*http://developer.intel.com/technology/itj/2004/vol...
    Reply
  • ShadowVlican - Wednesday, November 03, 2004 - link

    wow.. i registered just to comment on how true and great this article is... great stuff Anand!

    it's true intel should know better than that... who in their dumb minds would pay MORE for something that's SLOWER... answer? the dumb public. nasty intel is targeting the average and ripping them off... GO AMD!!! i'm glad i have a XP-M 2400+ in my rig
    Reply
  • PrinceGaz - Wednesday, November 03, 2004 - link

    A superb article, this kind of news straight from the troops (mobo manufacturers) on the front-line is far more informative than what you get from the generals (Intel and AMD). At least two, ideally three of these a year would be fantastic for giving us a look at what is really happening in the computer market. Any more than that would probably reveal little new.

    btw- my use of military terminology above does not mean I condone any real action occuring, it was just a good way of describing my point in a way everyone would understand.
    Reply
  • thebluesgnr - Wednesday, November 03, 2004 - link

    #36,

    dual-core. ;)

    Reply
  • Live - Wednesday, November 03, 2004 - link

    Very nice report. I want more, more, more...

    This kind of articles is basically the only place I want to read about Intel. They have nothing to offer the enthusiast right know and probably wont until late 05. Since Intel very well might be what Microsoft is on the OS side they will continue to be the market-leader and earn more money then all the rest put together.

    But for us AnandTech readers AMD is the CPU of choice and should be treated like that.

    While we are on the subject of wants: follow ups to motherboard and GPU reviews when new bios/drivers appear would be most appreciated. Since you here at AnandTech often are very fast with getting out the reviews when products are new (which is a good thing) many bios/driver related problems seem to crop up. Are they later fixed? If so that might make a bad product shine. Now I don't mean you should follow every new bios or driver. But just do a re-roundup once in a while. Helps a lot cause when the prices of products have fallen and the time has come to buy the reviews are often old. Certainly nowadays when the next generation seem to offer less and less over the old follow-ups seems like a good idea, or?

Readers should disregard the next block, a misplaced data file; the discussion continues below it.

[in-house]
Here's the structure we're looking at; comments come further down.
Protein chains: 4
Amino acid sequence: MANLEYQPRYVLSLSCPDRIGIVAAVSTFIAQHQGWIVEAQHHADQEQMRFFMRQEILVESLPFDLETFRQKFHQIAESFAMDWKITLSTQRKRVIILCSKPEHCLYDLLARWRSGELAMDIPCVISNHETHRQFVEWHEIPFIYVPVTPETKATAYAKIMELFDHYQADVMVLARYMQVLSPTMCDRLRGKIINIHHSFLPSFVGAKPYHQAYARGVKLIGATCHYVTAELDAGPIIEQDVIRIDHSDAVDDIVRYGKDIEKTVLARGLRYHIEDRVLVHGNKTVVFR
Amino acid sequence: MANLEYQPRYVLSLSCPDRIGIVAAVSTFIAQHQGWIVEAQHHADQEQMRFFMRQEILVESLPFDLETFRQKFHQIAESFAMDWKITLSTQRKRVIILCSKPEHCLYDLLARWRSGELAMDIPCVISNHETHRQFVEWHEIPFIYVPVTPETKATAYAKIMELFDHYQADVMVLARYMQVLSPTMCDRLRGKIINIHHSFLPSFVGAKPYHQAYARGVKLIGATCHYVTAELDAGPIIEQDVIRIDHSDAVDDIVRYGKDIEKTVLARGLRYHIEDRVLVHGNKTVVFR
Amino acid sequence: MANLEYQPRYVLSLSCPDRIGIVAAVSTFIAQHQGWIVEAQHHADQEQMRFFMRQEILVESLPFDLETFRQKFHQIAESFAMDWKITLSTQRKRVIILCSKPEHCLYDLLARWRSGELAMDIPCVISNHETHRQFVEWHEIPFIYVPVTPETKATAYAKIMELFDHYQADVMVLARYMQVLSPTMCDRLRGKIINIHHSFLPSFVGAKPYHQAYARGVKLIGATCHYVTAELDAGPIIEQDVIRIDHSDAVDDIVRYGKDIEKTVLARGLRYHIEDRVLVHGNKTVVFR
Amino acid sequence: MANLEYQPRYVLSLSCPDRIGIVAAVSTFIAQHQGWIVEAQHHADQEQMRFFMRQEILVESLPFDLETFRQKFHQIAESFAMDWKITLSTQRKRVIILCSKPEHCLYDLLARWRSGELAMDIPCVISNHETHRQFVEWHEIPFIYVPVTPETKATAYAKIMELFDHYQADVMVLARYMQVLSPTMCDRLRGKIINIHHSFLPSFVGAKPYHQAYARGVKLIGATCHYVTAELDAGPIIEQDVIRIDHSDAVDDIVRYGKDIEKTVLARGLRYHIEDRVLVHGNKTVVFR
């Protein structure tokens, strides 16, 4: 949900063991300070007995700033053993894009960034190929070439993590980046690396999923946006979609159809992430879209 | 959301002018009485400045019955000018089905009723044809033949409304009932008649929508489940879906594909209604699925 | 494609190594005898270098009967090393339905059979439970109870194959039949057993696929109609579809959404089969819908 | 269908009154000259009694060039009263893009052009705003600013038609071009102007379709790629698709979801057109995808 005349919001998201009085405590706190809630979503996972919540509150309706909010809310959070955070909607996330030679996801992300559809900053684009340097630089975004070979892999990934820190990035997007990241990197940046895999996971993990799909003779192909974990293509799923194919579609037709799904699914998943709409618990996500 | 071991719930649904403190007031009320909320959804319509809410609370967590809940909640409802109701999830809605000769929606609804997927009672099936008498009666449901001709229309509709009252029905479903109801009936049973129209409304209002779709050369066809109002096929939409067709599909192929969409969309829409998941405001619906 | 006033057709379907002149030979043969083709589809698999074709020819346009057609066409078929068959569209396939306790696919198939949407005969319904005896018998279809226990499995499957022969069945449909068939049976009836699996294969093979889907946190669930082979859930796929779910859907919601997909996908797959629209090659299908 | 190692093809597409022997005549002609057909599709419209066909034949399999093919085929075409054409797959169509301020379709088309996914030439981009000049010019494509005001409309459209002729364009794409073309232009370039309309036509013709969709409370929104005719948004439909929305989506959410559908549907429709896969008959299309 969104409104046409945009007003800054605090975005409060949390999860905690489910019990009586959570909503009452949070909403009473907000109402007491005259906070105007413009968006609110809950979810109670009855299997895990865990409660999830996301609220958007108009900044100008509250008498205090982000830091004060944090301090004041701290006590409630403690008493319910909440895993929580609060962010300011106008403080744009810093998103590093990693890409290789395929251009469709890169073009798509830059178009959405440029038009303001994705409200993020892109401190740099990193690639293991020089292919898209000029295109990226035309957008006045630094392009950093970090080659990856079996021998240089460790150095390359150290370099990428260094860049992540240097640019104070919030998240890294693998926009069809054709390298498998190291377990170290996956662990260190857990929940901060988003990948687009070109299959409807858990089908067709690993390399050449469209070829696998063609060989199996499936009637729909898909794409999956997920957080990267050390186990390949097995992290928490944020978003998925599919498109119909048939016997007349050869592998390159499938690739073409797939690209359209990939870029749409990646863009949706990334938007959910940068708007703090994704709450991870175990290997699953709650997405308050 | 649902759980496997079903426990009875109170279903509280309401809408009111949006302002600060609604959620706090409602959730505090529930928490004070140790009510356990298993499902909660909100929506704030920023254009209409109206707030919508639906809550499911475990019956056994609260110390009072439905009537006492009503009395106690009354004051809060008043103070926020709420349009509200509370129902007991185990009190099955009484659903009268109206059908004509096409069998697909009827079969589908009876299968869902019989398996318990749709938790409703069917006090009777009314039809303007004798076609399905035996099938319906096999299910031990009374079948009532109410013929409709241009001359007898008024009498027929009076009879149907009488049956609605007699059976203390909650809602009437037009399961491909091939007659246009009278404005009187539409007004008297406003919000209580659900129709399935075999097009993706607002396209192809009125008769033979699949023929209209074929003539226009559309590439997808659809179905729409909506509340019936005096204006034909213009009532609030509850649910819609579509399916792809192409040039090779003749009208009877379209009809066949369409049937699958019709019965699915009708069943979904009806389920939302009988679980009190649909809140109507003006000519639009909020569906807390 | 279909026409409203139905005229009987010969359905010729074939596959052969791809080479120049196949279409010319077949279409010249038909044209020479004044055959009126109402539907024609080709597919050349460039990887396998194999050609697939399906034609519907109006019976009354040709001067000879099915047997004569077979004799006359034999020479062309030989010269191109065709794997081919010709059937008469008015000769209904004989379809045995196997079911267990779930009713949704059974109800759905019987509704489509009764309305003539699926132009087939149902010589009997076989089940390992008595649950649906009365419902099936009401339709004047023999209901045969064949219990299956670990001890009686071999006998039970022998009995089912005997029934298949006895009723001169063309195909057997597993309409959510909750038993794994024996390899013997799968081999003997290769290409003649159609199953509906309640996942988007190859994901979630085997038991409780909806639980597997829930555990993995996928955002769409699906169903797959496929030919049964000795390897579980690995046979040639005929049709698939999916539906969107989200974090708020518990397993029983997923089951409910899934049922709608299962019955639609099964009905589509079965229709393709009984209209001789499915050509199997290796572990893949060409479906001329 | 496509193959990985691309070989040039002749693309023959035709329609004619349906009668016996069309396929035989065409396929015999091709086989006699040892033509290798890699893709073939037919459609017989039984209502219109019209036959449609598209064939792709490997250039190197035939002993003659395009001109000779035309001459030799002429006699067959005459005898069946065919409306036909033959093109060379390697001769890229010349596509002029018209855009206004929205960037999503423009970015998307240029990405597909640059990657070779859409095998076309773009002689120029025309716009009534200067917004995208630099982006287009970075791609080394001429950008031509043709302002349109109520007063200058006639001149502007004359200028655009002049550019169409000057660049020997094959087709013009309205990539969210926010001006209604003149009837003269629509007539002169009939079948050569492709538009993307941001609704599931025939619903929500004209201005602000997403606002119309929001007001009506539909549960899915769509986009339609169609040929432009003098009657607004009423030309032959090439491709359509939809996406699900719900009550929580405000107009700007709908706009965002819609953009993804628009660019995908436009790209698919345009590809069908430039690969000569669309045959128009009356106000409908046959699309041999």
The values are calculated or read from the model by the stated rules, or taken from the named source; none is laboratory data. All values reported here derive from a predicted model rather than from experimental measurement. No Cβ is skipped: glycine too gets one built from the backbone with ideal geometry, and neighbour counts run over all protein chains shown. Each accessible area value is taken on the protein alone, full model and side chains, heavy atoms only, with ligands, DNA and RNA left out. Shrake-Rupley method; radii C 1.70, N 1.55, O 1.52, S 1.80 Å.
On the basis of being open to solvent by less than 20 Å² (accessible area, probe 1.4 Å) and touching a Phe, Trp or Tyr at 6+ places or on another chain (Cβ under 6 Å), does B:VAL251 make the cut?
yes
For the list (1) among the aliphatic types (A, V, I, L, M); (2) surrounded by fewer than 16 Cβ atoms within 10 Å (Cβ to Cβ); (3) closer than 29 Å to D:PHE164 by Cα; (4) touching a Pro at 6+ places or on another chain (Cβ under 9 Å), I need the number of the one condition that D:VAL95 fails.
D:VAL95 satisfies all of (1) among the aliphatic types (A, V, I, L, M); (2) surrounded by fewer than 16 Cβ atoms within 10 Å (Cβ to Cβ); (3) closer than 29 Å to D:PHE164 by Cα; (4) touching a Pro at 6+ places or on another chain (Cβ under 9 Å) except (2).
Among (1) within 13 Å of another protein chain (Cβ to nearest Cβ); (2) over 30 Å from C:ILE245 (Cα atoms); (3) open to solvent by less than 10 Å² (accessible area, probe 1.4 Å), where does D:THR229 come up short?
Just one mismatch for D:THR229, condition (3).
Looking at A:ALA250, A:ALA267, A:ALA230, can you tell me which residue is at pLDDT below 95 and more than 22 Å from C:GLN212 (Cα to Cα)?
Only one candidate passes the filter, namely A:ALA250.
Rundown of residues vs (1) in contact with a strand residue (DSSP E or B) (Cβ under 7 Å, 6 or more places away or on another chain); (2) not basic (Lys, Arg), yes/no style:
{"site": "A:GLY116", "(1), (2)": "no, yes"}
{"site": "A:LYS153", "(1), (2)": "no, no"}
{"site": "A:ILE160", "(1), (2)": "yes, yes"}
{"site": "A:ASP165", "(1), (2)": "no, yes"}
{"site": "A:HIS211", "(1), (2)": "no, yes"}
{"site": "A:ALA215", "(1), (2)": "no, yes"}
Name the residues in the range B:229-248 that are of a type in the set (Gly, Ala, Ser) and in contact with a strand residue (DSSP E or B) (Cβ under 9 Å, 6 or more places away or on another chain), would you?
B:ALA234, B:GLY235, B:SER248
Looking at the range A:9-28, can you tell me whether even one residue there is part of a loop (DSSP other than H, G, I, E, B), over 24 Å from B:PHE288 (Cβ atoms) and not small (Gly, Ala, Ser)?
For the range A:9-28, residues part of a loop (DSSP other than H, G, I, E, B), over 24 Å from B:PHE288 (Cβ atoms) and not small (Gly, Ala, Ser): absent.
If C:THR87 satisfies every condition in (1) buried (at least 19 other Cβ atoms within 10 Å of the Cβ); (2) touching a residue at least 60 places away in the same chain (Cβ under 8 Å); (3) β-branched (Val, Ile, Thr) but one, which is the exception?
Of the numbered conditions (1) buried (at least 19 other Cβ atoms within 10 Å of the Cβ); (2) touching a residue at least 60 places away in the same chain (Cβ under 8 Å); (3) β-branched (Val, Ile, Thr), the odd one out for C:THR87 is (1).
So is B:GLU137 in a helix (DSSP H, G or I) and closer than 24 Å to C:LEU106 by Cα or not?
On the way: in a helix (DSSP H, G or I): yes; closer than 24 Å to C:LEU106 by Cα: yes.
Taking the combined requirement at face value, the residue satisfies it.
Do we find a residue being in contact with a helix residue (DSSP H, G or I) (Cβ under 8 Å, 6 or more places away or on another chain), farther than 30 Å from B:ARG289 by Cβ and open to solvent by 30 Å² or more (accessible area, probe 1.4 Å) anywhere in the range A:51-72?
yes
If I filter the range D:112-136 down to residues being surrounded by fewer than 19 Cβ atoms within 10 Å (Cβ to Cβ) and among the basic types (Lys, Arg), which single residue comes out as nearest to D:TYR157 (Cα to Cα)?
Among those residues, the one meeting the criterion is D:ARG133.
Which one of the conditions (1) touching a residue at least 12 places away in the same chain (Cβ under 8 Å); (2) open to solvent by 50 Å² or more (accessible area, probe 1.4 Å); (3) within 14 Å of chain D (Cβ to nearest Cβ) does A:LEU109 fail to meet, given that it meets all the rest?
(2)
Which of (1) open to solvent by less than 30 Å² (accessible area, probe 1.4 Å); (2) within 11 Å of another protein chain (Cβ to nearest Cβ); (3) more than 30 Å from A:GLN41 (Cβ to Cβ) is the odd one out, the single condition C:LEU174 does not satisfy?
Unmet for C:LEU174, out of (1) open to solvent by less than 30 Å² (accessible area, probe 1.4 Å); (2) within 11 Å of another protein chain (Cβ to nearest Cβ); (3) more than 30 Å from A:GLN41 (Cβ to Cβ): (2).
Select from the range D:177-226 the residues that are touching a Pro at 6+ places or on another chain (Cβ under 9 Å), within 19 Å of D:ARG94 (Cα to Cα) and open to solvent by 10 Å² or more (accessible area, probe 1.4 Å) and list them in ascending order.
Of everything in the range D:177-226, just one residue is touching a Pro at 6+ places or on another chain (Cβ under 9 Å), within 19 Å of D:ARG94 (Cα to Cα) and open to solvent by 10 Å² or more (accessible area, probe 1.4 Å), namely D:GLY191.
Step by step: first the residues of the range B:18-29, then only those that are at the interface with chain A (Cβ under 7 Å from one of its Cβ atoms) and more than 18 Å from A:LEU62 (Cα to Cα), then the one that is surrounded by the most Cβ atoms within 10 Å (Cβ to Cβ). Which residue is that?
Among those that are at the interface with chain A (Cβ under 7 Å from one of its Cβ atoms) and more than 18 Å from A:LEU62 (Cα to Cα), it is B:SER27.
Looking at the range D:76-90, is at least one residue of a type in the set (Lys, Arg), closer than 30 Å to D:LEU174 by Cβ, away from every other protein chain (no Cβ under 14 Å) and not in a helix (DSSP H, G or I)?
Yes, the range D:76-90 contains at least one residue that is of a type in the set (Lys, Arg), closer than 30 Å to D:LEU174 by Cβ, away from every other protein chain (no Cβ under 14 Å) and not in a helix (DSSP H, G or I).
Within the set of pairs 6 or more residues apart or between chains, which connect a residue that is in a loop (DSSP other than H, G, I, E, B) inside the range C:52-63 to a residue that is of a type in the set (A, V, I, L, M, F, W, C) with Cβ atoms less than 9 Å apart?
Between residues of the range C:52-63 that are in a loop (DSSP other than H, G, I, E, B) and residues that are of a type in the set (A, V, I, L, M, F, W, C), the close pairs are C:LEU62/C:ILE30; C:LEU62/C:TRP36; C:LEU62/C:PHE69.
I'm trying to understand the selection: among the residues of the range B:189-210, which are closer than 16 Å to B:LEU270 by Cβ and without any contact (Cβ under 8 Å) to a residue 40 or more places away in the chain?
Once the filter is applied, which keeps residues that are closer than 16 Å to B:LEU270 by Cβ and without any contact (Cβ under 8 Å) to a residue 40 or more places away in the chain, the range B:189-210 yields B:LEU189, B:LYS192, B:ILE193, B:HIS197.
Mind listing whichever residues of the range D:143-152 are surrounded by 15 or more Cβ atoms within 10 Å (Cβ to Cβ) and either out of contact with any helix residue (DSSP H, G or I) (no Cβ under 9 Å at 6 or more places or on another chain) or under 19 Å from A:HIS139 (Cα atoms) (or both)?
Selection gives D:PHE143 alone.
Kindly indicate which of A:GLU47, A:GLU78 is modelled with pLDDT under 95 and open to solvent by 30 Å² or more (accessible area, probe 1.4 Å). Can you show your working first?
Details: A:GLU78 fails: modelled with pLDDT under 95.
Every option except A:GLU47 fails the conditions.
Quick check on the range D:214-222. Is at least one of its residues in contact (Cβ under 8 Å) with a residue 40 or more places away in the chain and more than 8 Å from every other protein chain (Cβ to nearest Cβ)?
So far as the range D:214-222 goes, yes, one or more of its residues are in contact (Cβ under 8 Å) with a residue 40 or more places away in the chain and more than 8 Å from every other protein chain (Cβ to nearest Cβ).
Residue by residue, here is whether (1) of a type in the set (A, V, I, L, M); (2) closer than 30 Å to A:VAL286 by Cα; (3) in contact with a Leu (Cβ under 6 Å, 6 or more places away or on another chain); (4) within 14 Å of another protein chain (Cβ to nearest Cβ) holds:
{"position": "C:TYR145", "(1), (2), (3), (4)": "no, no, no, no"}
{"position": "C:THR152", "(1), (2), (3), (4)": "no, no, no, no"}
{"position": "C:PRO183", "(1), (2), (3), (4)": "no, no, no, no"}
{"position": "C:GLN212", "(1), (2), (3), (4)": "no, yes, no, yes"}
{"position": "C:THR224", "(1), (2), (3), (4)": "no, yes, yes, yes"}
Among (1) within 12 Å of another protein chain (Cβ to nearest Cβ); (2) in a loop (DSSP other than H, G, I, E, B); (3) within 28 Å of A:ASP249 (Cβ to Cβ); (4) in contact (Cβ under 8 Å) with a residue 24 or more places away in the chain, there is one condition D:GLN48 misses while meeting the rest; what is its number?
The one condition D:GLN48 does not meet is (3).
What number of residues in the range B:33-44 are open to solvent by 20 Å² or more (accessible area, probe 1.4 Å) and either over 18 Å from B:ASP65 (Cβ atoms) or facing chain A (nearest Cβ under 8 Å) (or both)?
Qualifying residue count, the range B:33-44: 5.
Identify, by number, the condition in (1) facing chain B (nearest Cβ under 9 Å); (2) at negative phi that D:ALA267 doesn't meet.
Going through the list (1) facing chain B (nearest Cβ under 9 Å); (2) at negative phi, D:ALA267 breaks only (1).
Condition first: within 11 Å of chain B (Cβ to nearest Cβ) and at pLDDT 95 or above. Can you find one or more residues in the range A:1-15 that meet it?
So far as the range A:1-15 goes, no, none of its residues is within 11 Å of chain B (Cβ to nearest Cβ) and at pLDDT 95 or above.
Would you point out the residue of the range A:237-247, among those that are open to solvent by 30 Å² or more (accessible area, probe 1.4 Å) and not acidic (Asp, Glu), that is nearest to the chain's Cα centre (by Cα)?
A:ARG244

Reply
  • quanta - Wednesday, November 03, 2004 - link

    I doubt the revision E of Athlon 64 will truly be SSE3 compatible. AMD did not show any signs of including HyperThreading, which is part of SSE3 instruction sets. You can expect workstation apps are going to cripple this CPU because of this technical issue. Reply
  • glynor - Wednesday, November 03, 2004 - link

    [Q]In fact, many of the Taiwanese manufacturers were confused as to why DTRs sold so well in the U.S., with ultra portable designs selling much better in Japan; after all, who wants to lug around a 10+ lbs laptop?[/Q]

    I suppose they aren't taking into account the sheer lazyness of the American public. They don't want to lug around a 10+ lbs laptop ... but they don't [i]walk[/i] anywhere anyway. What difference does it make if you have a 1 lb. laptop or a 15 lb. laptop when you only ever transport it in your SUV?
    Reply
  • Marsumane - Wednesday, November 03, 2004 - link

    I am also in favor of these types of articles. Very informative. Good work! :) Reply
  • Gnoad - Wednesday, November 03, 2004 - link

    We need more articles like this more often. Reply
  • avijay - Wednesday, November 03, 2004 - link

    Great Article Anand! Many more of these kind of articles would be very welcome! Its a pleasure to read your articles. Reply